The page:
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Ruto open to Russian fuel as the West shun away engagement

Ruto open to Russian fuel as the West including the US shuns away engagement following the invasion of Ukraine.

President William Ruto has disclosed that he is open to buying Russian fuel if it is an option for Kenya.

This occurs at a time when a number of countries, including the United States, are avoiding interactions with Russia as a result of that country’s invasion of Ukraine.

President Ruto hinted in an interview with BBC that he would be looking at all possibilities in an effort to rein in the increasing fuel prices that have caused Kenyans to dig deeper into their wallets after the fuel subsidy was eliminated.

“All options are available to us as a country. East Africa would be a good option but Kenya is what we are going to be focusing on,” he said.

Ruto further noted that he intends to align with the market forces to rekindle fuel prices to affordable fuel prices, through bilateral ties.

“The strategy we have is to ensure that we work with the market forces on how we can have a government-to-government relationship that will get us fuel at probably Ksh 20 to Ksh 25 percent cheaper than in the market,” he said.

President Ruto highlighted that despite the high fuel prices brought on by the termination of the subsidy, he had taken advantage of the loopholes that allowed for corruption.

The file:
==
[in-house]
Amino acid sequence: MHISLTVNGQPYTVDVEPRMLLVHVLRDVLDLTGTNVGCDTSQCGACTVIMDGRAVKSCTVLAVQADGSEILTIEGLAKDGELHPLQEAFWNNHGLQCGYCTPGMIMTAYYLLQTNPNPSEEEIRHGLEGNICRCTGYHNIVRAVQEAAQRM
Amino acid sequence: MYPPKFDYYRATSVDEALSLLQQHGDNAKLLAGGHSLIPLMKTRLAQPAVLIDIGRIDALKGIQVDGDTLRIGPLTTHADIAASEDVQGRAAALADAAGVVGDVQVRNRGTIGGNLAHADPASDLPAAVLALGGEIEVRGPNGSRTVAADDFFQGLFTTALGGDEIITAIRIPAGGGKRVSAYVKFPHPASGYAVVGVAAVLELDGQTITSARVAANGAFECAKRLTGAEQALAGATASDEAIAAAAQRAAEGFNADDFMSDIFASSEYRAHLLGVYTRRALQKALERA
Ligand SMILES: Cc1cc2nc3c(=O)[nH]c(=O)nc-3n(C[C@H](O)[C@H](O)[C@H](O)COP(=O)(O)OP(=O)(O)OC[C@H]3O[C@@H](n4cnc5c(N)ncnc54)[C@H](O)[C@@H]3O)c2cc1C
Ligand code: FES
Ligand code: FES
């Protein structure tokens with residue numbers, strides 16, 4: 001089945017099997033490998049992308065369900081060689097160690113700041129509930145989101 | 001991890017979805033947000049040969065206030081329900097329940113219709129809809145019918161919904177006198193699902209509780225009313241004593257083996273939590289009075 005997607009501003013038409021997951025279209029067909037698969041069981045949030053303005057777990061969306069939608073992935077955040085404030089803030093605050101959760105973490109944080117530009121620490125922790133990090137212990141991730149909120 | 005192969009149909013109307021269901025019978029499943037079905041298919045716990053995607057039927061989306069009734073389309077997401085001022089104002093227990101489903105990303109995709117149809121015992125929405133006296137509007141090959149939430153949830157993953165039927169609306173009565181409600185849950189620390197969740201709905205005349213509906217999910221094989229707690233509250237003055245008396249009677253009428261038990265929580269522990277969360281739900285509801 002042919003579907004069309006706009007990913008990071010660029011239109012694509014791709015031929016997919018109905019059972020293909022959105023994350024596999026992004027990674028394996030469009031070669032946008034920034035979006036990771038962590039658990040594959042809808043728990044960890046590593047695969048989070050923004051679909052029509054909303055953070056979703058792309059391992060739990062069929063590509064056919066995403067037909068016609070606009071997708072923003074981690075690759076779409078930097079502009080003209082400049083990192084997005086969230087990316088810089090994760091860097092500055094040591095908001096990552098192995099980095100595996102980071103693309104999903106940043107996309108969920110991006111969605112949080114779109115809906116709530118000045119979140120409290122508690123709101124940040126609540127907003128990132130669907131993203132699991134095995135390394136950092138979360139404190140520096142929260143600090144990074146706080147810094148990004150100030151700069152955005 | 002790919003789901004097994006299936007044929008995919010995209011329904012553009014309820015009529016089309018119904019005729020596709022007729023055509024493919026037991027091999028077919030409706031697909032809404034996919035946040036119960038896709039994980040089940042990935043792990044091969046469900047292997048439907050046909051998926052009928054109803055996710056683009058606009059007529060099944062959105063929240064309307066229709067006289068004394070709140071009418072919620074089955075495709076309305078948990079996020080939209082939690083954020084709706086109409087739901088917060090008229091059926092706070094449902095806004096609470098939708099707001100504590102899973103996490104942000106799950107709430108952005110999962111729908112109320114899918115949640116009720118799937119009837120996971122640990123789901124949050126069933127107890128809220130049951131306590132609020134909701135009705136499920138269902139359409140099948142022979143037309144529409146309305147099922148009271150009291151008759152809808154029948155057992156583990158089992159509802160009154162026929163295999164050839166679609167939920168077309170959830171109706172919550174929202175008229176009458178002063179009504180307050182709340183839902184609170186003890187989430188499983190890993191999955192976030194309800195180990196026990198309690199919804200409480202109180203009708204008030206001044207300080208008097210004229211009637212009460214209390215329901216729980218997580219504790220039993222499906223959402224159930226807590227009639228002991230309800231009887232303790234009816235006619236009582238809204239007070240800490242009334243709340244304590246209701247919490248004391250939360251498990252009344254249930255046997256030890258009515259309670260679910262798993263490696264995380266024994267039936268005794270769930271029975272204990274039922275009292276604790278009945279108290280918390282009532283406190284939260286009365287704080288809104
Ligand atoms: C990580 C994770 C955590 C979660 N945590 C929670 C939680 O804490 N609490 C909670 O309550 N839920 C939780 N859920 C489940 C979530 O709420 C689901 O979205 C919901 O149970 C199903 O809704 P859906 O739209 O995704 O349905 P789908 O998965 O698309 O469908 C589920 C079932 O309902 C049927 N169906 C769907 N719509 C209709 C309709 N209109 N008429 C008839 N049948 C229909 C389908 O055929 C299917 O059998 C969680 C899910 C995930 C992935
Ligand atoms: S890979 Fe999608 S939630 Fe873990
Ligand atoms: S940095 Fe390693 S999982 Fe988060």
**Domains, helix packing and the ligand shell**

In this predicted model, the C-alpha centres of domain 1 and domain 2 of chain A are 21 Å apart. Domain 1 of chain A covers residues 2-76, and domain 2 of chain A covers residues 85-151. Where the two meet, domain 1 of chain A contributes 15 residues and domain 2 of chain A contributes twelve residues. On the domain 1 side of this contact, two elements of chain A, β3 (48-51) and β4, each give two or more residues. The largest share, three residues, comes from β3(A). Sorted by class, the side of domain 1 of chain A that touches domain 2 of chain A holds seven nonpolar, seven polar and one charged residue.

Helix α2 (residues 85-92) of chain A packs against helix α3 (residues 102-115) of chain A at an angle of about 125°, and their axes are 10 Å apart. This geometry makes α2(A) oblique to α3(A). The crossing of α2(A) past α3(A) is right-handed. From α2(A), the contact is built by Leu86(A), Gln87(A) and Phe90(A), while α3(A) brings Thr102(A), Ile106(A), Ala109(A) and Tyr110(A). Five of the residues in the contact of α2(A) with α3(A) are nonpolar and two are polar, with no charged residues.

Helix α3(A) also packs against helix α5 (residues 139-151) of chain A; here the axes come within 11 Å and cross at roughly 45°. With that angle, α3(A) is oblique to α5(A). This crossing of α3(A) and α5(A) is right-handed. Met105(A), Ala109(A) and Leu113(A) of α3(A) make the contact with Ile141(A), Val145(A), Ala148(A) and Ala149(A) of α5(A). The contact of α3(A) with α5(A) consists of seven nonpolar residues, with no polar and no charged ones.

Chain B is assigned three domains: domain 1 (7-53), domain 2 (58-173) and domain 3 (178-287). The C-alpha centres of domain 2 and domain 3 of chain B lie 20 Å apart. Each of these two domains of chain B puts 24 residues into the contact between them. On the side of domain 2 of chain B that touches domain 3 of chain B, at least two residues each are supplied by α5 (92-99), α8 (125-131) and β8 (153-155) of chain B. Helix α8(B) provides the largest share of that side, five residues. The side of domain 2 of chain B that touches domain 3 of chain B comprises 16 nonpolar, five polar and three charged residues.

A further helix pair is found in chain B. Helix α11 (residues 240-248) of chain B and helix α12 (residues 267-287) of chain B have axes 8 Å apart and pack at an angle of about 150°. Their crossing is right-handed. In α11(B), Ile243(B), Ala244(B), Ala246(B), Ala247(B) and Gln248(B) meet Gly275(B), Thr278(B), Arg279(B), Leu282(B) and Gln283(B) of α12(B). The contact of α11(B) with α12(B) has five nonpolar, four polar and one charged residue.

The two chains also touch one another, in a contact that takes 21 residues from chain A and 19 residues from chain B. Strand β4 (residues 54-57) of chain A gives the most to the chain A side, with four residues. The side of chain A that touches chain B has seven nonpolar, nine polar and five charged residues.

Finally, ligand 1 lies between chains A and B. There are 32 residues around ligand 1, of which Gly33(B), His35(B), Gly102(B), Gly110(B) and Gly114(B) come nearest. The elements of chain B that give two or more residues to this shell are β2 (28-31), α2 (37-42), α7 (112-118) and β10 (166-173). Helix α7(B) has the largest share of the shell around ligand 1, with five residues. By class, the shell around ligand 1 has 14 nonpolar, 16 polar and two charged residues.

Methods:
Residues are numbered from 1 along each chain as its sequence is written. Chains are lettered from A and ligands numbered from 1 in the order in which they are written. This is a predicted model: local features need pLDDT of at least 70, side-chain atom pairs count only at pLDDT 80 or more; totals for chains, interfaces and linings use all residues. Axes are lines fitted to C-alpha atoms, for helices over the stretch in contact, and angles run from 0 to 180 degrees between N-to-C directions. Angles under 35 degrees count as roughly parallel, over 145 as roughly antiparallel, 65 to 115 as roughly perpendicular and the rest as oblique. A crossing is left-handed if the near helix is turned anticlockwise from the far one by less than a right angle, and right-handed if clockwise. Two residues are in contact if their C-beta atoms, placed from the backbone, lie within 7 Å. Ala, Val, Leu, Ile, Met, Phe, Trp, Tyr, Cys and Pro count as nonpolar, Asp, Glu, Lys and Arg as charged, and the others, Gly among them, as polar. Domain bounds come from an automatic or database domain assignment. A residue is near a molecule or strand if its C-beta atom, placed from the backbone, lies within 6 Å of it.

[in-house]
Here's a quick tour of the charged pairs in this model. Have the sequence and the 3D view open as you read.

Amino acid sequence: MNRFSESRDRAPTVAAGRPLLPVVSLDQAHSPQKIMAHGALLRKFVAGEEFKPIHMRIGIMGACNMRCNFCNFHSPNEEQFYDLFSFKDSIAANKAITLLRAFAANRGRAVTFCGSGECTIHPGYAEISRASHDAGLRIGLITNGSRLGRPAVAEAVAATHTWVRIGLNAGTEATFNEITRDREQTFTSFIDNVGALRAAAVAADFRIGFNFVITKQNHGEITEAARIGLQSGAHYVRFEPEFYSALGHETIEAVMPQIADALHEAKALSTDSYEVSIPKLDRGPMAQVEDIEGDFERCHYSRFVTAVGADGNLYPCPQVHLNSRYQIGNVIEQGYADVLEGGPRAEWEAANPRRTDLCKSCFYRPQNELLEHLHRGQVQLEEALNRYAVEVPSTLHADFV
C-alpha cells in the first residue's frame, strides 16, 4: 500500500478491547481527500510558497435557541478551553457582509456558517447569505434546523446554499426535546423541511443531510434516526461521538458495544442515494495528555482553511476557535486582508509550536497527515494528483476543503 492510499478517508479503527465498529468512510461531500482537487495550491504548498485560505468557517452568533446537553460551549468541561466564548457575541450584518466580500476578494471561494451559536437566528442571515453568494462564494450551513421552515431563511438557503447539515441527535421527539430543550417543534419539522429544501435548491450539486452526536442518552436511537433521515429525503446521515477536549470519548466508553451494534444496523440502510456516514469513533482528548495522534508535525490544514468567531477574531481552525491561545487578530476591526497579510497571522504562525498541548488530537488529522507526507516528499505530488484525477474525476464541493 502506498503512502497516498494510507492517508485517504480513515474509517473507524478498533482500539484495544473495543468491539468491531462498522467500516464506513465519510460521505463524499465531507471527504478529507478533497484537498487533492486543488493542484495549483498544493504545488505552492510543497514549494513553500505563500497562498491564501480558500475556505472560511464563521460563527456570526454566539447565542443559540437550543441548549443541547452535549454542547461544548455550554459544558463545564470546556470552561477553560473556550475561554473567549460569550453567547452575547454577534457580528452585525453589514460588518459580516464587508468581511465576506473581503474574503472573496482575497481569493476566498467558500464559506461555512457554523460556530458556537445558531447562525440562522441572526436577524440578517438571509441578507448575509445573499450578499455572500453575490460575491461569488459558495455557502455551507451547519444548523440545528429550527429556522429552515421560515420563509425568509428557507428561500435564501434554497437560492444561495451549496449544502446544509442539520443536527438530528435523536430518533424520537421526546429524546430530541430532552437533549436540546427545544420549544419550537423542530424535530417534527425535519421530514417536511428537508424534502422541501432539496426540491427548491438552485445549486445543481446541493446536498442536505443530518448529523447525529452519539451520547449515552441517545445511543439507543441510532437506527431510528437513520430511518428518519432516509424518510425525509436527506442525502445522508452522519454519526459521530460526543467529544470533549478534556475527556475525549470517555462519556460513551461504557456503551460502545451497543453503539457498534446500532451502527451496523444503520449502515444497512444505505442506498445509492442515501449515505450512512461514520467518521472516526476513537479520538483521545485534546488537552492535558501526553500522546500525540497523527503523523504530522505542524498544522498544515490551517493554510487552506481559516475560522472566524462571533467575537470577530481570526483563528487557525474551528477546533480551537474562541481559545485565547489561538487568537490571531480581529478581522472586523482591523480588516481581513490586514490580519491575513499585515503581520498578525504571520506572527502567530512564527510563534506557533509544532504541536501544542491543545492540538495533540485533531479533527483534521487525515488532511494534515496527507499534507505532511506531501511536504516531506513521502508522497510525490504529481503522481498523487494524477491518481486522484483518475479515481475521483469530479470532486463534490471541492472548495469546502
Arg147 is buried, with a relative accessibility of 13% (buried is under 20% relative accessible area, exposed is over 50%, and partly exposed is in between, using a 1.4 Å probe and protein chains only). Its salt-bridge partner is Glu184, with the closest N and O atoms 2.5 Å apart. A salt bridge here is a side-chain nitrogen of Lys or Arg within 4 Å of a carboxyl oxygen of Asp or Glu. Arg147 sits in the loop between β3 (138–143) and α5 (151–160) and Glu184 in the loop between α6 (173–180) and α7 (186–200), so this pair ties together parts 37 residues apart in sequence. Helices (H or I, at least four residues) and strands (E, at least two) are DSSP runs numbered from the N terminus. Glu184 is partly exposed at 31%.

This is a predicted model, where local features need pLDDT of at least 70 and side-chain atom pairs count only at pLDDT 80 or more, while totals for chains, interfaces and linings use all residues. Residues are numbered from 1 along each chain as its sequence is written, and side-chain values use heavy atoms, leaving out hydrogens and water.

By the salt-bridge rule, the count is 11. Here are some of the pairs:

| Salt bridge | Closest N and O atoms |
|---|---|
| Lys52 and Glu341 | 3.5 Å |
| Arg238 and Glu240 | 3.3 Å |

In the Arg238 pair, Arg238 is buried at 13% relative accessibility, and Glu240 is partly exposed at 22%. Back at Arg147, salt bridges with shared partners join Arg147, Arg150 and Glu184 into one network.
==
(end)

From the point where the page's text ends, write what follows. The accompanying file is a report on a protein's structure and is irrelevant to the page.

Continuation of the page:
He defended the choice by pointing out that they were able to rescue resources that will be used for the country’s extensive development.

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“Those are the interventions I am looking at but I had to remove the subsidies because they were a huge drain on resources that would be used for the development of the country and yet the prices were not coming down and it was generally distorting prices of fuel in the country and creating unnecessary shortages,” he said.

“We now have gotten rid of shortages, we haven’t gotten rid of the high prices but we have done two things, we have saved money that was going down the drain with cartels in the subsidy program and we have eliminated shortages and I am now moving to the agenda of making sure that we have government-government relationships that will progressively begin the journey to bring the prices of fuel down.”

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